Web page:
"[A]ncient mysteries, serendipitous discoveries, feuding experts, and scientific breakthroughs, all unfolding like a richly detailed detective story..." -Booklist, starred review "In this exciting investigation into the long and ancient path of humans, the authors explore the connections among evolution, climate, and environment... An impressive introduction to the burgeoning recalibration of paleoanthropology." -Kirkus Reviews, starred review "Bohme and her colleagues are wonderful storytellers. They present a complex tale that features a daunting number of moving parts with all the local colour, humour and narrative pace of a well-written mystery novel." -Vancouver Sun "An inherently fascinating, impressively informative, and exceptionally thought-provoking read...Ancient Bones is expertly written, organized and presented, making it a critically important and unreservedly recommended addition to personal, professional, community, and college/university library." -Midwestern Book Review "As outspoken as it is readable." -NHBS "Part Sherlock Holmes, part Indiana Jones, Ancient Bones is an entertaining and provocative retelling of the human evolutionary story. Boehme's hypotheses-written with enthusiasm and clarity-will be scientifically scrutinized for decades to come." -Jeremy DeSilva, Associate Professor of Anthropology, Dartmouth College "Madelaine Bohme is an iconoclast, and her fossil discoveries have challenged long-standing ideas on the origins of the ancestors of apes and humans. She lays it all out in this readable and thought-provoking book, which goes to show that new fossil clues always have the potential to generate new ideas." -Steve Brusatte, University of Edinburgh paleontologist and New York Times-bestselling author of The Rise and Fall of the Dinosaurs "In pursuit of an intriguing if controversial theory of distant human origins, Madelaine Boehme and her colleagues very readably unearth some fascinating history and evoke all the excitement that is inherent in modern paleoanthropological research." -Ian Tattersall, co-author of The Accidental Homo sapiens: Genetics, Behavior, and Free Will. "An enthralling journey through time and around the world to untangle the complexities of ape and human evolution. Prof. Boehme skilfully intertwines scientific description with the history of fossil discovery and investigation to explain the evolution and biology of our closest relatives. Sometimes controversial but always exciting and engaging, this book is essential reading for those who want to explore alternative perspectives on our origins." -Sarah Elton, Professor of Evolutionary Anthropology, Durham University "This book expresses perfectly the excitement of discovering ancestral lineages in our genus. It is a colorful, personal account of research into one of the most basic interests of our species-our origins and our close extinct relatives." -Dr. Robert DeSalle, principal investigator, Sackler Institute for Comparative Genomics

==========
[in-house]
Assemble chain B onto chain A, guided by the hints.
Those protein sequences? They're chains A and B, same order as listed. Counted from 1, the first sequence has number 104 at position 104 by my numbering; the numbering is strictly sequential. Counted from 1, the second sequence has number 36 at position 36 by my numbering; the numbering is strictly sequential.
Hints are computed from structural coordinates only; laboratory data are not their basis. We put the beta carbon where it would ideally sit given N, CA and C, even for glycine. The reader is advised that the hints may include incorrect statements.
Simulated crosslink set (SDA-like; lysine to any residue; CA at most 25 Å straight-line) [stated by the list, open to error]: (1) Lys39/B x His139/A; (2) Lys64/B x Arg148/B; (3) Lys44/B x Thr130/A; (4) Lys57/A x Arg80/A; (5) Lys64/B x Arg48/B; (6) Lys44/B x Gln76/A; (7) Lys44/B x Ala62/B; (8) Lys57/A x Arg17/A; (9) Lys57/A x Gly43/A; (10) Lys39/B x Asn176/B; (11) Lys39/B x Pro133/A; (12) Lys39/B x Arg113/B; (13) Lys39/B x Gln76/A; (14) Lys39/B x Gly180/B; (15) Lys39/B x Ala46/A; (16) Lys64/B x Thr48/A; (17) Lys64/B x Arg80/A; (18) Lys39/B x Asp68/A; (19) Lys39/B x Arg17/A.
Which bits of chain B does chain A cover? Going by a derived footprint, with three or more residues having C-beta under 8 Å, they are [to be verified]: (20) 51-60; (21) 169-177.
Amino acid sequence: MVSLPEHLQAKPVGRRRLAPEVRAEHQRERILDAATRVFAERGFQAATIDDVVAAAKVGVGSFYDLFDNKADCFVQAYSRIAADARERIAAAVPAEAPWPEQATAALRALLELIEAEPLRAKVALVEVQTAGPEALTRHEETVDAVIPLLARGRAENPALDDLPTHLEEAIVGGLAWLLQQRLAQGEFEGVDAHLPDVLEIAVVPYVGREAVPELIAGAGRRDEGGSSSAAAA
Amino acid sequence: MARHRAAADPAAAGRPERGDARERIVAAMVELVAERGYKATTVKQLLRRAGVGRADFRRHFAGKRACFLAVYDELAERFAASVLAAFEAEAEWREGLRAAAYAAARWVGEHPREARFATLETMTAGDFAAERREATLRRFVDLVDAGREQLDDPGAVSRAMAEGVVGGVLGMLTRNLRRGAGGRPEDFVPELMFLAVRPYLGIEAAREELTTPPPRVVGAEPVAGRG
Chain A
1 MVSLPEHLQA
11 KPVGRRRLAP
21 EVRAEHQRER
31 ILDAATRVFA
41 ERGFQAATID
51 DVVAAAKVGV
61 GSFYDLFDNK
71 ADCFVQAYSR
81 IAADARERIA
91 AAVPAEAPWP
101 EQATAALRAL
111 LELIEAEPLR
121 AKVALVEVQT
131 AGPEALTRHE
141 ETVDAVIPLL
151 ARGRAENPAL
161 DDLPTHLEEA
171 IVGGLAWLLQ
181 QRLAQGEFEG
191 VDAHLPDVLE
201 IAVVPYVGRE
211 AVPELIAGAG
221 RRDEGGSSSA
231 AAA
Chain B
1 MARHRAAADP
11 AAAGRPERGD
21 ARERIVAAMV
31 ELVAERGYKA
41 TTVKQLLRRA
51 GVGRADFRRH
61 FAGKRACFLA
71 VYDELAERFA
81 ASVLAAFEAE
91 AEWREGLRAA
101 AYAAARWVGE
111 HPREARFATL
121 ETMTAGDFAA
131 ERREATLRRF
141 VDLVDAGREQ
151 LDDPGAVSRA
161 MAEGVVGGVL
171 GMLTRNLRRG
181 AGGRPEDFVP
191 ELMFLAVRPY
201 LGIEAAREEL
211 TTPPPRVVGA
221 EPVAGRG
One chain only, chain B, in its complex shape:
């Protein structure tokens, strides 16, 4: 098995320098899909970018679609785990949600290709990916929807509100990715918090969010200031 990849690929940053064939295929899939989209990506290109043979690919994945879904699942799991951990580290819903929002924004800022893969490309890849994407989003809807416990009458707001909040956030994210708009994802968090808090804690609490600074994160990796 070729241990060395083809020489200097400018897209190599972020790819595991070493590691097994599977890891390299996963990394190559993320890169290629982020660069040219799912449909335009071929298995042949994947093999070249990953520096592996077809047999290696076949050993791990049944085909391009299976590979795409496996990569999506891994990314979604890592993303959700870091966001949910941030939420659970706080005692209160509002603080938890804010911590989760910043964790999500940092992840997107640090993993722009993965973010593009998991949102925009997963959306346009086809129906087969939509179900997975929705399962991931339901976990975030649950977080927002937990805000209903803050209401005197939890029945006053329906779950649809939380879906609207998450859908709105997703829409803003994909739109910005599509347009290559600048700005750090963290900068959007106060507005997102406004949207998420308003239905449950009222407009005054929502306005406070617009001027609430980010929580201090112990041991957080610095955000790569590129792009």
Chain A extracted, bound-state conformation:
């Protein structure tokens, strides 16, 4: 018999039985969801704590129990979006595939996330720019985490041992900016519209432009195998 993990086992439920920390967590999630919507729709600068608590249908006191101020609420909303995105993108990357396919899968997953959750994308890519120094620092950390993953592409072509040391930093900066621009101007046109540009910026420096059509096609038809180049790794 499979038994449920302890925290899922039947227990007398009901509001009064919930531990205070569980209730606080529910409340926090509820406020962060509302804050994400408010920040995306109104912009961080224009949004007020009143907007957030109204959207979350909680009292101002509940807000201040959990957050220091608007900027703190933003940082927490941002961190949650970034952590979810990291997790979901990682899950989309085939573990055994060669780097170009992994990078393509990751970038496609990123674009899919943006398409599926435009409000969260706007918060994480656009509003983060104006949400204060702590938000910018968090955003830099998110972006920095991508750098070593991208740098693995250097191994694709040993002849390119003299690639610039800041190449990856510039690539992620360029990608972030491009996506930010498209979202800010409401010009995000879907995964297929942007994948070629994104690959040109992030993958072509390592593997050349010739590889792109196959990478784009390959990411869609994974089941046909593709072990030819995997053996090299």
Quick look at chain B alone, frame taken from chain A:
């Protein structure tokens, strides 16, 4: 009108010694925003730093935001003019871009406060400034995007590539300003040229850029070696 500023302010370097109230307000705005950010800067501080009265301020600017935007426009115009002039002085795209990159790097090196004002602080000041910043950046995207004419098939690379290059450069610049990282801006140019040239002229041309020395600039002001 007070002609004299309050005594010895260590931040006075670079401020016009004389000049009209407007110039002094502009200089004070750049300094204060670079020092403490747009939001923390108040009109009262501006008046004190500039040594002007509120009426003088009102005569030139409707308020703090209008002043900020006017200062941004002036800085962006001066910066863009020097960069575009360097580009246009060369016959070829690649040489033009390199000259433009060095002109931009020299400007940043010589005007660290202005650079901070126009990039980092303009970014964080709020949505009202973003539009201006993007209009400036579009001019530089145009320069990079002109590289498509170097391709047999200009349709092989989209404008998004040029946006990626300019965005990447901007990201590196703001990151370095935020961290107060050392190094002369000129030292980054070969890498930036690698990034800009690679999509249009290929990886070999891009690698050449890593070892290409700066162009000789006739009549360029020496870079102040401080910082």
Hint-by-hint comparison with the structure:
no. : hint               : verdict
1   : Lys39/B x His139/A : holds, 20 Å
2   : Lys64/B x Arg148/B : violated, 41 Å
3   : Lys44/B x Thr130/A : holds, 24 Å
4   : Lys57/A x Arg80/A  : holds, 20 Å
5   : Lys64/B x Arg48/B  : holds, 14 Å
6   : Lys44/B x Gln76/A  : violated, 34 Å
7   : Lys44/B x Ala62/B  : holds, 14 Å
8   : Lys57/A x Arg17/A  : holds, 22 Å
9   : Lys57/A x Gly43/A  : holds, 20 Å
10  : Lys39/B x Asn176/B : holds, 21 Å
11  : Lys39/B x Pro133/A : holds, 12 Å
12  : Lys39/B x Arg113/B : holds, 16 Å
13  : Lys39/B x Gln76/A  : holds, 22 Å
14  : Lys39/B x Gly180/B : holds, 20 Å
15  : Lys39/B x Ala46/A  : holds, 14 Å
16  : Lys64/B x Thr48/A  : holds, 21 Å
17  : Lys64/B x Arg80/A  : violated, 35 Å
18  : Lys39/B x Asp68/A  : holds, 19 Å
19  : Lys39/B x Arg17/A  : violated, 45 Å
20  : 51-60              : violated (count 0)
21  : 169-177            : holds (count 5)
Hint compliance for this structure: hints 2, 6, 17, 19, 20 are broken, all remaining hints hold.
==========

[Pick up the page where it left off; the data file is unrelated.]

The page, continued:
Author Biography

MADELAINE BOEHME is a scientist, professor at the University of Tubingen, and founding director of the Senckenberg Centre for Human Evolution and Palaeoenvironment. RUEDIGER BRAUN is a journalist who translates cutting-edge science into gripping stories to affect societal change. FLORIAN BREIER is a journalist, filmmaker, and writer for various television networks. DAVID R. BEGUN is a professor of anthropology at the University of Toronto and co-author of the 2019 study that broke the story of the newly discovered bones to the world.